‘Dear Fairies,’ the Bombshell wrote. ‘Do you have an adventure for me?’
The letter was sealed and deposited in the Fairy Letter Box. She eyed me intently. ‘I wonder what the fairies will tell me to do.’
Crap, I thought. An adventure? How are the fairies going to come up with an adventure that can take place in the real world, where people don’t actually fly and pixie dust is a little hard to come by.
So naturally I forgot all about the letter until about 11 that night when I was lying in the dark willing myself to sleep.
The letter. Crap. The look on the Bombshell’s face when the fairies don’t answer her letters is heartbreaking. But 11 o’clock at night was no time to go find a fairy to write a letter. I needed a stop-gap measure.
I had recently been to a swap meet where I came upon some fruit carved out of marble. I had bought three pieces thinking the fairies might need a snack and promptly forgot about them. I bundled out of bed and armed with a torch, located some marble grapes and put them in the fairy letter box. No letter. No explanation.
What? It was really, really late.
The next morning I couldn’t stop the Bombshell from checking the Fairy Mail as soon as she sprung out of bed, and of course there were the grapes. I knew they were grapes, but apparently this wasn’t so clear to a six year old.
‘What do you think it means, Mum?’ she asked, bewildered.
‘I don’t know,’ I replied. ‘I guess it’s a mystery,’ I added honestly. I had no idea where this was going to go.
Over the next day or two she started writing lists about what this thing was. Was it a miniature tree? A musical instrument? Some sort of bobbly fairy wand. The on the third day, a marble pear arrived in the fairy mail box.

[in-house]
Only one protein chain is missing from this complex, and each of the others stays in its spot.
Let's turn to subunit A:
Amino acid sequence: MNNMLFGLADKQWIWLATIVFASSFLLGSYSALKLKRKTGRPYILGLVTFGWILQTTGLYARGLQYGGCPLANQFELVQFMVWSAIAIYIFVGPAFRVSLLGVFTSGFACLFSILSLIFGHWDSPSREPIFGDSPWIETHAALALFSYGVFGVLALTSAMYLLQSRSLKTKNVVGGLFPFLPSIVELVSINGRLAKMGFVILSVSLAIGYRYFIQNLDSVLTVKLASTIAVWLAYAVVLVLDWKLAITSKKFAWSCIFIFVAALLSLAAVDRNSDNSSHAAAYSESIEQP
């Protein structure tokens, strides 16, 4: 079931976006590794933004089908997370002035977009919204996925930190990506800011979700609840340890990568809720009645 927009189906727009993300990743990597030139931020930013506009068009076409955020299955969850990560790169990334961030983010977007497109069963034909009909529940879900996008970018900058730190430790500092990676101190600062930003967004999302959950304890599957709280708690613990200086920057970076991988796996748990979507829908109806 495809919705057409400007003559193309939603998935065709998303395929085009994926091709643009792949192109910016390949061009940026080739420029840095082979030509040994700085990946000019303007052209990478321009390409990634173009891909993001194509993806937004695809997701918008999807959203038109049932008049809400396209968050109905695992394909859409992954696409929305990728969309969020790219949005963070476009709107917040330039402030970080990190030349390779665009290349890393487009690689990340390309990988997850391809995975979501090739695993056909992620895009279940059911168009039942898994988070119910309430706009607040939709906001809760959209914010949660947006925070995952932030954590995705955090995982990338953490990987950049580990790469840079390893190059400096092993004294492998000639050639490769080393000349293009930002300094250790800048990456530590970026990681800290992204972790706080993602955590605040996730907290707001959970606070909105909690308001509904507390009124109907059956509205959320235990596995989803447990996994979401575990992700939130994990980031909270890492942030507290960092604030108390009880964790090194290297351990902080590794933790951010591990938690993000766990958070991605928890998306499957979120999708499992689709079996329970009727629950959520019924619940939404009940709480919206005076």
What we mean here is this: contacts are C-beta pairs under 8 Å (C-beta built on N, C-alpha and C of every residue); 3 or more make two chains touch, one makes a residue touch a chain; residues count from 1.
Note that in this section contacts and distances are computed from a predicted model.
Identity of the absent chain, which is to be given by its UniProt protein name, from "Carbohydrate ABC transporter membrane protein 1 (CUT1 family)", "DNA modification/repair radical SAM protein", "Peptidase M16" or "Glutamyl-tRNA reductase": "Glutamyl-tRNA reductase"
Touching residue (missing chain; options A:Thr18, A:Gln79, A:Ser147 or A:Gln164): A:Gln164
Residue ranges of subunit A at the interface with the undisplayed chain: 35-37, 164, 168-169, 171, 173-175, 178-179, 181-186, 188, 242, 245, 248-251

‘Look at this Mum,’ she said. ‘Now what do you think it means?’
‘I don’t know,’ I replied, still honestly. ‘It is a mystery adventure,’ I said stressing the word adventure.
Finally on the fifth day, with a little forethought, the mystery revealed itself. The three fruit with their magical qualities were being sent to us for safe-keeping, because a wicked goblin was trying to steal them.
Suddenly there was a real life adventure. The fruit needed a safe place, we needed to keep an eye out for goblin footprints, and a fairy charm needed to be hung by the door.
I really got into it.
But, as tends to happen, it backfired.
One morning goblin footprints were discovered at many of the doors and windows around the house. They looked suspiciously like white and green chalk and tended to disappear when you rubbed them, but I assured the girls this was the magic of goblins.
The Bombshell and the Mop thought it was awesome, knowing full well the fairies had put a protection spell on the family.
Unfortunately, no one remembered to tell the Mop’s little three year old friend about the protection spell.
‘Look,’ declared the Mop to her friend. ‘A goblin was here last night,’ she said pointing to a footprint in the backyard. ‘He’s trying to steal the fruit.’
‘A goblin?’ said the friend, eyes wide, slinking towards her mum.
‘Yeah,’ added the Mop for good effect. ‘They’re really evil.’
Her friend promptly ran to her Mum. ‘I want to go home,’ she said tearfully.
She would not budge from her Mum’s lap, thus negating our nice coffee and chat morning, since she had an extra appendage who would sob intermittently about being scared of goblins.
There was eye-rolling, though I suspect it was directed at me.
I spent the next hour treading a fine line between trying to convince the little girl that the goblin was of no consequence without outright ruining the fantasy for the Mop who thought it was ace she had a stinky goblin prowling around her yard. More importantly, I knew she would happily out me to her sister if I had claimed that I had made the whole thing up.
‘I’m so sorry,’ I mouthed to my friend for the tenth time as she tried to wrestle her daughter off her.
More eye rolling. Yep, definitely directed at me.